A batch of female monkeys trapped in the wild and shipped to Israel cannot be
exported for medical research, Attorney-General Yehuda Weinstein said on
“Since [the monkeys] have been trapped and brought to Israel to
live in captivity on [Mazor] Farm for breeding, they should be allow to end
their lives in dignity and not in experimentation, nor in the suffering caused
by another shipment as well as the experiments themselves,” Weinstein
Israeli policy is to only permit the export of animals for medical
research whose aim is to save human lives or to reduce suffering in
The Mazor Farm company has said that there is no choice but to
use long-tailed macaques trapped in the wild for the experiments, which are
concerned with the development of drugs to treat osteoarthritis in adults. Older
monkeys are required for the experiments, but there are no such animals born in
captivity and aged 15-20 years, the farm said.
The response came in a
supplementary legal opinion filed to the High Court of Justice by the
Attorney-General’s Office, in response to a petition by an animal rights group
asking to prevent a shipment of 90 long-tailed macaques from Mazor Farm, located
near Petah Tikva, to an animal testing laboratory in the US.
the 90 female macaques earmarked for shipment were trapped in the wild and
shipped to Israel, where Mazor Farm bred them. The remaining macaques are their
offspring, born in captivity.
In his supplementary opinion, Weinstein
said that his position was based on the concept that trapping monkeys in the
wild should be reduced as much as possible.
Animals taken from the wild
must be used only to produce offspring that could be used for essential testing,
the attorney-general said.
Let The Animals Live petitioned the court in
April, asking the justices to overturn a Central District Court decision
allowing Mazor Farm to export the macaques.
Animal rights groups had
slammed the district court’s ruling, in which Judge Ilan S.
that the Israel Nature and Parks Authority must permit the macaques to be
exported to Shin Nippon Biomedical Laboratories in the US.
its website, Shin Nippon is a preclinical contract research organization that
specializes in nonhuman primate and small animal research. Israeli and
international animal rights groups, including PETA, allege that Shin Nippon has
a record of cruelty to the animals in its laboratories, which Shin Nippon
The attorney-general has already said there are legal
difficulties with the issue of permits to export the macaques for animal testing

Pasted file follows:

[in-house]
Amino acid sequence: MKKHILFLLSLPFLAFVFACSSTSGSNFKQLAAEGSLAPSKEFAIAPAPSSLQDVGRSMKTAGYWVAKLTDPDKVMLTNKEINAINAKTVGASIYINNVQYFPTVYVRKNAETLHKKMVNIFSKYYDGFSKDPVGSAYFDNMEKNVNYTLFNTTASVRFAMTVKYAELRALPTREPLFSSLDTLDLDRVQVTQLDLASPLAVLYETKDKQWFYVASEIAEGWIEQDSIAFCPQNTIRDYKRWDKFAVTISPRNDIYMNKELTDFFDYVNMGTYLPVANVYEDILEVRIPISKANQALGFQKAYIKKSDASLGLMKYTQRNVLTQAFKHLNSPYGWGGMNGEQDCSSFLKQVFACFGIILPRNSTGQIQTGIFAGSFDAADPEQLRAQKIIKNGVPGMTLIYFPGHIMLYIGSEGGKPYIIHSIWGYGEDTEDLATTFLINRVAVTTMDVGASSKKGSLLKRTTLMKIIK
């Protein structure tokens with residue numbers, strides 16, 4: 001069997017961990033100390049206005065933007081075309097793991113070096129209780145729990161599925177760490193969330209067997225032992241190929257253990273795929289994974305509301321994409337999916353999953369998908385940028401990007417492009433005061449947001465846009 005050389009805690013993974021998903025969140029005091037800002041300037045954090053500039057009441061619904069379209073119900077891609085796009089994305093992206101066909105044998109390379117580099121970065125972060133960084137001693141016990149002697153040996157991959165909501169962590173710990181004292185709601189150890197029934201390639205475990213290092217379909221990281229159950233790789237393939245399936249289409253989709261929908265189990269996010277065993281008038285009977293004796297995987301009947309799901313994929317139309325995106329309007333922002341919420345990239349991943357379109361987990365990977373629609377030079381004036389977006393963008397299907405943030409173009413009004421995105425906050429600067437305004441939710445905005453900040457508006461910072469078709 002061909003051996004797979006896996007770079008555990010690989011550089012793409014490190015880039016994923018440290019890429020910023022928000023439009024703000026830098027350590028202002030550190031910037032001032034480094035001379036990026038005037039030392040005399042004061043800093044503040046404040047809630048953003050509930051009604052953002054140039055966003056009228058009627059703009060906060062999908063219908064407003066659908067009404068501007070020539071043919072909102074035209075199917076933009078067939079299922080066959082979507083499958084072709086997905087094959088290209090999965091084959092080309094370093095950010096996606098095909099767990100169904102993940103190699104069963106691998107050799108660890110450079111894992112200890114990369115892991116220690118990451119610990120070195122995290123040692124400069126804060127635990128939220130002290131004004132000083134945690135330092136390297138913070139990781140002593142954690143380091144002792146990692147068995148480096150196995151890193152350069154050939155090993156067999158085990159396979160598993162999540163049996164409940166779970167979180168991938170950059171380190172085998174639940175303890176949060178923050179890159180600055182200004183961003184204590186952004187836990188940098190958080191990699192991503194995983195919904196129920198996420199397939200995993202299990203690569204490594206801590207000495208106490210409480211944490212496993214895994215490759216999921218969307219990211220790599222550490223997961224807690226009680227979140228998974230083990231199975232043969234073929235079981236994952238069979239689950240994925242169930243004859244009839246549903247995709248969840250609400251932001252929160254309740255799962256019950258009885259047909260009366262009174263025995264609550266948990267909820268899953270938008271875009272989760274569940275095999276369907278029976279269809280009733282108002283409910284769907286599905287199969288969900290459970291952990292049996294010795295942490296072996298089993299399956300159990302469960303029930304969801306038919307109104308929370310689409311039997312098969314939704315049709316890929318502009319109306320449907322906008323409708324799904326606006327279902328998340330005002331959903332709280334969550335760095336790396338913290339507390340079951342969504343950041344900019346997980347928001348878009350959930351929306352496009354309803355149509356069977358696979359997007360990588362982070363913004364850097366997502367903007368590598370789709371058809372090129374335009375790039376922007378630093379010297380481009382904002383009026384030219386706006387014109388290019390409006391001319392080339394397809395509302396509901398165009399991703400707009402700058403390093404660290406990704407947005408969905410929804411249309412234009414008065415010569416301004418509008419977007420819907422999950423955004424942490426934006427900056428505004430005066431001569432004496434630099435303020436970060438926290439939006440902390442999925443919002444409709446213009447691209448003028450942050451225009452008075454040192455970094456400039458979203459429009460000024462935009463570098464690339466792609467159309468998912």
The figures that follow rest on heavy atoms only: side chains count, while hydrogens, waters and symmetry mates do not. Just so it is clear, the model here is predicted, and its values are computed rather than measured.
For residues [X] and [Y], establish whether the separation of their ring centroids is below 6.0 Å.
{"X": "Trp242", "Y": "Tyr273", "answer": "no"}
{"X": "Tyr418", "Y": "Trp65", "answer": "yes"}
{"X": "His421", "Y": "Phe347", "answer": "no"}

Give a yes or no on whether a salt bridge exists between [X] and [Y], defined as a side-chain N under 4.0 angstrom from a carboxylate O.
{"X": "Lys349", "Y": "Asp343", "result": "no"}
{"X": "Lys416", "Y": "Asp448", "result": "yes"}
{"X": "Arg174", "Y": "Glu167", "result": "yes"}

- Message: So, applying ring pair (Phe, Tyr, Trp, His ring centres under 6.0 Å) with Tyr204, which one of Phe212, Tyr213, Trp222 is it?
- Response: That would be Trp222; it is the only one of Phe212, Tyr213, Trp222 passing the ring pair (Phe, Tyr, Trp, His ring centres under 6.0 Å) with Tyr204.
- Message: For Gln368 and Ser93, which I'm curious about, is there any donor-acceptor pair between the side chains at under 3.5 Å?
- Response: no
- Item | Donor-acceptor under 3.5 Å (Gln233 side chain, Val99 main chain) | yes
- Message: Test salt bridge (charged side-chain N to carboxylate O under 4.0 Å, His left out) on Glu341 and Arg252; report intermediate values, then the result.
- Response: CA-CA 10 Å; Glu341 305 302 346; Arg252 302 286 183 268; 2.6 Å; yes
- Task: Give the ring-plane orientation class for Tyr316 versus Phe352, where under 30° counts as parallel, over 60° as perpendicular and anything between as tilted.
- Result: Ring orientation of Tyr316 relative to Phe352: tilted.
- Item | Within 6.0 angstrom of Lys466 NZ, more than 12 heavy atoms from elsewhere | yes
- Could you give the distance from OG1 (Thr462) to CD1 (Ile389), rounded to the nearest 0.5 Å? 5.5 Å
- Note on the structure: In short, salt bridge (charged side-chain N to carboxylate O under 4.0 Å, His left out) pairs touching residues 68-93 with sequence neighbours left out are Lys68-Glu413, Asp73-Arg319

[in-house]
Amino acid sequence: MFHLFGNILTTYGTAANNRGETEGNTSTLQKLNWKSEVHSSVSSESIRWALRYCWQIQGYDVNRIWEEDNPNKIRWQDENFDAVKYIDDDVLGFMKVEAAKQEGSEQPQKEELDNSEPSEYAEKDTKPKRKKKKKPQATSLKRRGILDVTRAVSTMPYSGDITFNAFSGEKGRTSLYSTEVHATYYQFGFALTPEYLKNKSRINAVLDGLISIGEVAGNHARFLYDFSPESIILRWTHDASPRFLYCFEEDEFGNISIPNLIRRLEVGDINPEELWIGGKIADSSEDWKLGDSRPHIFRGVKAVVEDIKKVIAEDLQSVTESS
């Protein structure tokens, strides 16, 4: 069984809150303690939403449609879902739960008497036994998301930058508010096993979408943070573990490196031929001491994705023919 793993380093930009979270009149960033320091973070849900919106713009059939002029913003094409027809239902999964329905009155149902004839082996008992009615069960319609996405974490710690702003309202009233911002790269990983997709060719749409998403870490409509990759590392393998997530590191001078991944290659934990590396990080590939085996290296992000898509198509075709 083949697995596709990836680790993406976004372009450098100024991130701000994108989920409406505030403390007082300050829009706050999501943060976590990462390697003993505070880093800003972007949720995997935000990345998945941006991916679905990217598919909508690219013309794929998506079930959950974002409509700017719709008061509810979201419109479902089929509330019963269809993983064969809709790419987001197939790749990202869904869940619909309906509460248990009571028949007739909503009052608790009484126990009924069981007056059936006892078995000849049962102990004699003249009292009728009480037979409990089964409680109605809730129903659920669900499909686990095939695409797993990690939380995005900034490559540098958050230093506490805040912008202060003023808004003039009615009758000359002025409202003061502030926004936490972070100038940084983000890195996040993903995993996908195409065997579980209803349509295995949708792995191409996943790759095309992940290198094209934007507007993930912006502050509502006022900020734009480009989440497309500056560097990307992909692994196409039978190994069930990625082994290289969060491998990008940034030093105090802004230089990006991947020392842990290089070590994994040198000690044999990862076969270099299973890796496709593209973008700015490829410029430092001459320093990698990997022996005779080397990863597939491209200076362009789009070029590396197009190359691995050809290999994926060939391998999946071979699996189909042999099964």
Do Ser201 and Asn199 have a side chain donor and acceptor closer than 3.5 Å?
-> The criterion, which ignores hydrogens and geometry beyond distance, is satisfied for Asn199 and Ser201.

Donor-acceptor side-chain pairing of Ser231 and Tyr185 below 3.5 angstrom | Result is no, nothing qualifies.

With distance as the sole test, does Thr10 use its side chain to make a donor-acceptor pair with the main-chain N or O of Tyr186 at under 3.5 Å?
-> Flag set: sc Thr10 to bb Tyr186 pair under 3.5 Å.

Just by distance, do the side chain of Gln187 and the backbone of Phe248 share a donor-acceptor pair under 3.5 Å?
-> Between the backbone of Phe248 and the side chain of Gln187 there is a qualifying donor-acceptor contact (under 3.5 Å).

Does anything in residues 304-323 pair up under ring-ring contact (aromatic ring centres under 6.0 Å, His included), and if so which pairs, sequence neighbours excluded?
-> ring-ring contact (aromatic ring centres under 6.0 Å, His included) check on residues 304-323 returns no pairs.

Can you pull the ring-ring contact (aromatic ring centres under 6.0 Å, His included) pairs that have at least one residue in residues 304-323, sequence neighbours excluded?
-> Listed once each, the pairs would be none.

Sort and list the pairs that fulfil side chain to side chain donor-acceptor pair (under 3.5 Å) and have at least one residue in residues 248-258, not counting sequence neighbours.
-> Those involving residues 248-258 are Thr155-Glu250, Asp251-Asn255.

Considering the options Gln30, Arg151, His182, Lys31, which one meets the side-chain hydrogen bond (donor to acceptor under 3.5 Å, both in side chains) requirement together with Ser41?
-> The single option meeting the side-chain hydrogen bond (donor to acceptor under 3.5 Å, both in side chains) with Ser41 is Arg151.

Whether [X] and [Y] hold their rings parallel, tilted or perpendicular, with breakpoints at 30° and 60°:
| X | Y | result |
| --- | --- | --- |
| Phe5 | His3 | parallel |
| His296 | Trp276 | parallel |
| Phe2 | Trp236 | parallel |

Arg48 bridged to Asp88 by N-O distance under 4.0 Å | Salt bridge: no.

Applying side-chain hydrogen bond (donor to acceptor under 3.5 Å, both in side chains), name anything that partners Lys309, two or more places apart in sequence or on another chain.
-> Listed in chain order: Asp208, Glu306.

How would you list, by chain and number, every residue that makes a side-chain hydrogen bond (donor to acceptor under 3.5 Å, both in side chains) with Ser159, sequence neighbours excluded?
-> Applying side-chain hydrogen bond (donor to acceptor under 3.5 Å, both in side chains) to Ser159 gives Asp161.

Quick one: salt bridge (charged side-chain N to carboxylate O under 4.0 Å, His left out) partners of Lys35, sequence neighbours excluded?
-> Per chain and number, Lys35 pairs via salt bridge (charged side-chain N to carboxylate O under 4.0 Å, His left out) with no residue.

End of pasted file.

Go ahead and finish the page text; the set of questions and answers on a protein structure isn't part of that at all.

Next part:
in a US laboratory, and in a High Court hearing last month, Justices Salim
Joubran, Hanan Melcer and Yoram Danziger said they accepted that
In an earlier written response to the High Court petition last
month, the attorney-general said 70 of the 90 macaques earmarked for export had
been captured in the wild and that it was therefore illegal to trade in
In Friday’s supplementary legal opinion, Weinstein said that the
purpose of this approach regarding trading in monkeys trapped in the wild was to
“reduce ecological impact and to reduce intervening in nature to a
Furthermore, the attorneygeneral said, this approach “reduces
the suffering caused by taking the monkeys from their country of origin and
transporting them to Israel, and their transition to life in
In this light, Weinstein said, “it is enough that the female
monkeys were used for breeding on a farm and that their offspring will be used
for medical research, and they themselves should not be used for medical
In summary, the attorneygeneral said in his supplementary
response, there is a balance between the interest of the female monkeys trapped
in the wild, and that of [Mazor Farm] to export them, as well as that of
That balance, Weinstein said, means that those
female macaques trapped in the wild must not be exported from Mazor
The attorney-general noted that the Israel Nature and Parks
Authority had said the entire shipment of macaques – including those born in
captivity – should not be exported, because there was no qualified approval for
the experiments at Shin Nippon.
The response also noted that the Israel
Nature and Parks Authority had reexamined the issue of export permits, following
the High Court hearing in April, and had also said that monkeys trapped in the
wild should not be exported.
On Friday, Let The Animals Live said it
welcomed the attorney-general’s position, which “makes it clear that Mazor Farm
is trying to trade monkeys in violation of Israeli law and policy.”
is another chapter in the sad history of Mazor Farm, which is a commercial
business responsible for the abduction of wild monkeys and for trading them and
their offspring,” a spokesman for the organization said.